As a clinician evaluating a client, it is important to see their viewpoints as well as their cognitive distortions that are inhibiting their well-being. It is important that counselors and clinicians evaluate and discuss by the use of categorization. “This helps people see more clearly the nature of their unrealistic thinking, reminds them that other people have had similar distorted cognitions, and gives them a tool for assessing subsequent thoughts.” (Seligman & Reichenberg, 2014 p. 302). Three of many cognitive distortions and ways to modify the cognitions will be discussed below. “Should” and “must” statements can have disabling effects on a client’s thoughts and how they approach situations. I believe that the use of Reattributing blame is a strategy that clinicians can use to aid in having the client focus on the root of the issue rather than attributing the outcome to a particular person or themselves. “Through the use of dialogue and asking questions that get to the heart of the problem, clinicians can help the client look at the situation more clearly.” Seligman & Reichenberg, 2014 p.304.). Mind reading is another congnitive distortion that can cause a great deal of arguments and issues when one tries to act like they know what the other person is thinking or feeling. The use of role-playing a dialogue between old and new thoughts would be very effective with this type of cognitive distortion. “This can help people clarify changes in their thinking and solidify rational thoughts.” (Seligman & Reichenberg, 2014 p 305.). All or nothing or polarized thinking is another cognitive distortion that is an extreme “black or white” way of life. An effective type of modification for this behavior would be challenging absolute statements. The use of this type of strategy to modify the client’s way of thinking is useful because it clarifies how the behavior truly is. After seeing the issue as a continuum, “the clinician gives the client an opportunity to...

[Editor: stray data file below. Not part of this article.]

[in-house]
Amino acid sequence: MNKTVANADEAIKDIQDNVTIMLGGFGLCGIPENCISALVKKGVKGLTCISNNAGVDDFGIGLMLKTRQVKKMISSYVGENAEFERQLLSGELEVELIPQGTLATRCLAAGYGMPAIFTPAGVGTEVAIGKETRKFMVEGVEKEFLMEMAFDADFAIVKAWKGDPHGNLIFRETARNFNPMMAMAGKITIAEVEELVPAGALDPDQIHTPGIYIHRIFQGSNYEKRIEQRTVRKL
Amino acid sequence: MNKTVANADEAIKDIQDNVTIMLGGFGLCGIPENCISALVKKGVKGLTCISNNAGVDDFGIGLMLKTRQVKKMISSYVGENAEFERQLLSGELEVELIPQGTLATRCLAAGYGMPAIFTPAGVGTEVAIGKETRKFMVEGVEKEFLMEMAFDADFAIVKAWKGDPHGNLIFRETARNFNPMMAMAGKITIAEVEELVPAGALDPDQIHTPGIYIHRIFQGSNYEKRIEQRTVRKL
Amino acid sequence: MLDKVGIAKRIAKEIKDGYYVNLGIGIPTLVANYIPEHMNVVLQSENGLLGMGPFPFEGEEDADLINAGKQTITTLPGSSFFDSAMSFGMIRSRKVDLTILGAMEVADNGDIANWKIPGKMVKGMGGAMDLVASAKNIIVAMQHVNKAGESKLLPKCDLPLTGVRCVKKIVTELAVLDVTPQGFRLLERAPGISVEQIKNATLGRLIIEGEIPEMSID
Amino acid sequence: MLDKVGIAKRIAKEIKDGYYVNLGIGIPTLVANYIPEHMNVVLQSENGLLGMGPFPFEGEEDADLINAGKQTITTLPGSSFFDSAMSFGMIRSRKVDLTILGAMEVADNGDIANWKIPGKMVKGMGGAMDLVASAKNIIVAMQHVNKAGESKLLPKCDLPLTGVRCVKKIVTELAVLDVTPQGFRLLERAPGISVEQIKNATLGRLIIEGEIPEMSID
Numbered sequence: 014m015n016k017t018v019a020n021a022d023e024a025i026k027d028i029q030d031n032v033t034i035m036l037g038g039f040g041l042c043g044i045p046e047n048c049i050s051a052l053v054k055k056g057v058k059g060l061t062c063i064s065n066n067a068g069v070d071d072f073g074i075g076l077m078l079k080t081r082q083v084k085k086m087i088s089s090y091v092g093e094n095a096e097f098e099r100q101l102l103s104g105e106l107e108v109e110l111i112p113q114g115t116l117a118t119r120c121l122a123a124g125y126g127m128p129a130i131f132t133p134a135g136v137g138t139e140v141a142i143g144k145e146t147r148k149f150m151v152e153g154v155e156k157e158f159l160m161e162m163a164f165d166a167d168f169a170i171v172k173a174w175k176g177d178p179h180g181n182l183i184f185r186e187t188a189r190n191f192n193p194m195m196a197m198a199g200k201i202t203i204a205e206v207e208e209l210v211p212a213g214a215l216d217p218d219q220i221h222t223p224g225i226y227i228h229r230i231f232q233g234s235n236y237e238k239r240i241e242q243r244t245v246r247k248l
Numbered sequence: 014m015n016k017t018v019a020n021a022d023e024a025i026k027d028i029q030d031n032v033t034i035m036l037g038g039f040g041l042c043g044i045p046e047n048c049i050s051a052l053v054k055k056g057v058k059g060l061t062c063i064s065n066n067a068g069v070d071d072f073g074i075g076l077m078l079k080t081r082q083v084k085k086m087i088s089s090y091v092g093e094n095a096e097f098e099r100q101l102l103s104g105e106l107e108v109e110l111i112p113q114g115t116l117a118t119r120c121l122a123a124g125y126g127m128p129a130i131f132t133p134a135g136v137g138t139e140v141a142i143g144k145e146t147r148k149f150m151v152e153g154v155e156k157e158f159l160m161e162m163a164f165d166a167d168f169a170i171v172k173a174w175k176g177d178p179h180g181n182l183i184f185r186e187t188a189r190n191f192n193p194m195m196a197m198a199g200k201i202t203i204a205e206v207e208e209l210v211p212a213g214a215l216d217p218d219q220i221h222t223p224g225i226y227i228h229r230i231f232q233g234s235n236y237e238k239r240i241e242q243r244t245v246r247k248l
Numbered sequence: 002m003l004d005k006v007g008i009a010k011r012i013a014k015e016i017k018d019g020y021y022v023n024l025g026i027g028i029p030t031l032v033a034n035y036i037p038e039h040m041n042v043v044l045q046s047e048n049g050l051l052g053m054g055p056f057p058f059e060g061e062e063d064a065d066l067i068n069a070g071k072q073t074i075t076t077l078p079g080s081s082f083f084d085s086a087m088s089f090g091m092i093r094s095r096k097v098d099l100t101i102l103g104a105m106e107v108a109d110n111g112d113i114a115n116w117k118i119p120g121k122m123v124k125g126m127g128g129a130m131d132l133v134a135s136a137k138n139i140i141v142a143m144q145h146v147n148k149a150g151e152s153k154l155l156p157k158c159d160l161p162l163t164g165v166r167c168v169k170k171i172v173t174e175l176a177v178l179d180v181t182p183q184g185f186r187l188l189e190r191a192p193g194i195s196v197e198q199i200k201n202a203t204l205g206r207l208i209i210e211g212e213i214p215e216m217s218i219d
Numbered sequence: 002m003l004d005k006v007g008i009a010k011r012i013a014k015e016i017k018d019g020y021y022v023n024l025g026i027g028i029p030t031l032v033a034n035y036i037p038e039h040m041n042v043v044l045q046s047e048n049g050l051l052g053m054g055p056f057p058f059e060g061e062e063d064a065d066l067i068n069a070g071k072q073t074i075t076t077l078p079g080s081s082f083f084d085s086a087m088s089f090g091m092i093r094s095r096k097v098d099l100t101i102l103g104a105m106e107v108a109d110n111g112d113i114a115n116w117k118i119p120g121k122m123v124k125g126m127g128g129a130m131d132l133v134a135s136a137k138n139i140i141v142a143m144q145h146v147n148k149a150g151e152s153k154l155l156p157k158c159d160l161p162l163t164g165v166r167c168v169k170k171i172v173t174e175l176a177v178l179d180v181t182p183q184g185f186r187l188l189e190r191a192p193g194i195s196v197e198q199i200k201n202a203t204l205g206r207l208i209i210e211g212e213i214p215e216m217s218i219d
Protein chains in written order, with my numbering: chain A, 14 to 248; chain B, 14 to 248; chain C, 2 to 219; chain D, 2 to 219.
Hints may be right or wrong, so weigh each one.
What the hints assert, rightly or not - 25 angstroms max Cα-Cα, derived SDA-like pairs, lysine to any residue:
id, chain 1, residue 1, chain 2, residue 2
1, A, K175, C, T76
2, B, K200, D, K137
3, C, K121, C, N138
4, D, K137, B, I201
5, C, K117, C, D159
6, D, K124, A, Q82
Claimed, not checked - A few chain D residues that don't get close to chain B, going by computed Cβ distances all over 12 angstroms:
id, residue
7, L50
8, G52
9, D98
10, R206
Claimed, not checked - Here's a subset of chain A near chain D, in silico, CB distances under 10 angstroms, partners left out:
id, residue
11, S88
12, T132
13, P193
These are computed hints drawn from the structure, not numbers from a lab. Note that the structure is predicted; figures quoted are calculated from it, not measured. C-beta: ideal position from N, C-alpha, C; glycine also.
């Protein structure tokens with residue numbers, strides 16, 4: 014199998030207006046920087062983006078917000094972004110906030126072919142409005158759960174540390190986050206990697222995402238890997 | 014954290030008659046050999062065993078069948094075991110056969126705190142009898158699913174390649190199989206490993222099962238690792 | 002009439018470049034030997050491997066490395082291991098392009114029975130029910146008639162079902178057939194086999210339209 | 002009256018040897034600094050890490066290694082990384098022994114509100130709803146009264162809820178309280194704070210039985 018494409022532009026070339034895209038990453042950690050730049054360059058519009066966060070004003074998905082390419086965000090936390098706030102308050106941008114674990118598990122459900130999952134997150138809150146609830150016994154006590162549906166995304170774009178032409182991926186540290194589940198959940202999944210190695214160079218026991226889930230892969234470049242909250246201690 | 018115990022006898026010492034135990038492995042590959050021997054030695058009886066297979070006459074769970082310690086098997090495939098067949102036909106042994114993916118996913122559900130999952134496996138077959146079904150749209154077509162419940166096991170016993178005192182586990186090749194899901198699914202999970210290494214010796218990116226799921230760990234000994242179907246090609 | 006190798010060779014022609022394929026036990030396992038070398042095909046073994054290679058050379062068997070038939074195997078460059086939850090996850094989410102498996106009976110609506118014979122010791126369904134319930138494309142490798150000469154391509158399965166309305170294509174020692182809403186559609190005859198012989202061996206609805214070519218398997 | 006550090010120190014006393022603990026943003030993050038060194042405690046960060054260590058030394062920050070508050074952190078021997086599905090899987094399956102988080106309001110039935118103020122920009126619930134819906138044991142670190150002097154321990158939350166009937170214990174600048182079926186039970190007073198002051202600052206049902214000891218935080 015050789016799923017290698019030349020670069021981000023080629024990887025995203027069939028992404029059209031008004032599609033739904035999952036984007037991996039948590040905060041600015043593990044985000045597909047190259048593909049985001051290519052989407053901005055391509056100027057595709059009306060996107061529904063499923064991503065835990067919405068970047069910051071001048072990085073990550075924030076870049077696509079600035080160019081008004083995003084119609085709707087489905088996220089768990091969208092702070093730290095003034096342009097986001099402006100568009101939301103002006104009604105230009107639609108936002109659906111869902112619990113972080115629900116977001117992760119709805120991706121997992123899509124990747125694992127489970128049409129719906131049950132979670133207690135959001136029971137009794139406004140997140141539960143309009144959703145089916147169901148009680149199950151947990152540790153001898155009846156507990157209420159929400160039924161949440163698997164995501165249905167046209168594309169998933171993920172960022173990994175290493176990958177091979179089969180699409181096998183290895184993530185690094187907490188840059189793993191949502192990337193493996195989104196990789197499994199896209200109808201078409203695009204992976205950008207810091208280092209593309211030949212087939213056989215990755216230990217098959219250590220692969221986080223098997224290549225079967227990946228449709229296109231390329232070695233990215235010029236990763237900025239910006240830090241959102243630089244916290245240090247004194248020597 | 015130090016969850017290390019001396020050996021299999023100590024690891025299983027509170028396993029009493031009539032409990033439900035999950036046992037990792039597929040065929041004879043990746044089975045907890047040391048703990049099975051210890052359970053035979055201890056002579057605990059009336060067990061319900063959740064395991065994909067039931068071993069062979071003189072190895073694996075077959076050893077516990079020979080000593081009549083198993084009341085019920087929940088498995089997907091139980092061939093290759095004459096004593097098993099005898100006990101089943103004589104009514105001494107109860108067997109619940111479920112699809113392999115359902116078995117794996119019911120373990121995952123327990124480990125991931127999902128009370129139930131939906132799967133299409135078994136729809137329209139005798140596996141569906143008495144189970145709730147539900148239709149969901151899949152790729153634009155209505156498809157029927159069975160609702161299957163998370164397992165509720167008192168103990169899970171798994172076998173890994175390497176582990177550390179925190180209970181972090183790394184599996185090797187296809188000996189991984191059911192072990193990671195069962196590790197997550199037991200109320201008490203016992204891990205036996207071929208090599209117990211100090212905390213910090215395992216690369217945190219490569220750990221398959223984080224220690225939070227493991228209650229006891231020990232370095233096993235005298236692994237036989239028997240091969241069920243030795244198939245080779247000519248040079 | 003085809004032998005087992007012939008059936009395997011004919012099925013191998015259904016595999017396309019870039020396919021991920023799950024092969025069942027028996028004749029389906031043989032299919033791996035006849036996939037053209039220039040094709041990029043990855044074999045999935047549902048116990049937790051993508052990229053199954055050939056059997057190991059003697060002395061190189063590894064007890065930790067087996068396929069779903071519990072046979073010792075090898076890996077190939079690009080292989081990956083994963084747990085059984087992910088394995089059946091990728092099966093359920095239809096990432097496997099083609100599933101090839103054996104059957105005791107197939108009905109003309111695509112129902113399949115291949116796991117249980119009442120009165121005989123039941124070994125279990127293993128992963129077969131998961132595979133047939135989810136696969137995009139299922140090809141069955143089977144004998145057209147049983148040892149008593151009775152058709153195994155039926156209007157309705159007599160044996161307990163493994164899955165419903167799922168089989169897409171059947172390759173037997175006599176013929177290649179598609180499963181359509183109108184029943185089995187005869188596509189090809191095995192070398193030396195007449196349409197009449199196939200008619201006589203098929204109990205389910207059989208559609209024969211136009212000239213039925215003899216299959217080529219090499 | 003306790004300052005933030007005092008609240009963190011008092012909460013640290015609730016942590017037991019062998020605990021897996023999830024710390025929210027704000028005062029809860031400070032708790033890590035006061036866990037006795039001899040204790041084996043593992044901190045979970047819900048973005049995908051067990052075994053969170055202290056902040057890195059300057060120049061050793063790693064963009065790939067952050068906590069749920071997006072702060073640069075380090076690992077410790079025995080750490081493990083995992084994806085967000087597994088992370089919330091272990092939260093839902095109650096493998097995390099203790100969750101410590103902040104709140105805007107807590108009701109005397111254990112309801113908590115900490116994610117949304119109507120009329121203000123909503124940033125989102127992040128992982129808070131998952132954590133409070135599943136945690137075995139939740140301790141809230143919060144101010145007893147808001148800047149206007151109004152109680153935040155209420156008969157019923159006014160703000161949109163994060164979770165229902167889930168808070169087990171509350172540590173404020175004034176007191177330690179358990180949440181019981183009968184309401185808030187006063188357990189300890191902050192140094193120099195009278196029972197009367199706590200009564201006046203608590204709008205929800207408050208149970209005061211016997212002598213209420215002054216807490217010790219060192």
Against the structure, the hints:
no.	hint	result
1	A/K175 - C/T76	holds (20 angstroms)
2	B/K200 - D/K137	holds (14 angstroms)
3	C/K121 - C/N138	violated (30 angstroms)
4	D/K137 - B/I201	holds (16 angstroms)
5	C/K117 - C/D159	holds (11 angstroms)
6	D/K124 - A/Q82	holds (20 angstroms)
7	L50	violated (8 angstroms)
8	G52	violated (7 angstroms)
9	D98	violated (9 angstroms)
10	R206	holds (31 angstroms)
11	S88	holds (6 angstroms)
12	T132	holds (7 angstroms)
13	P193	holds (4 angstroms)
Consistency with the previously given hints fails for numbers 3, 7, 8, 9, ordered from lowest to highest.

References: Seligman, L. & Reichenberg L.W., (Eds.). (2014). Theories of Counseling and Psychotherapy Systems, Strategies, and Skills. (4th ed.). Boston, MA: Pearson Education, Inc.
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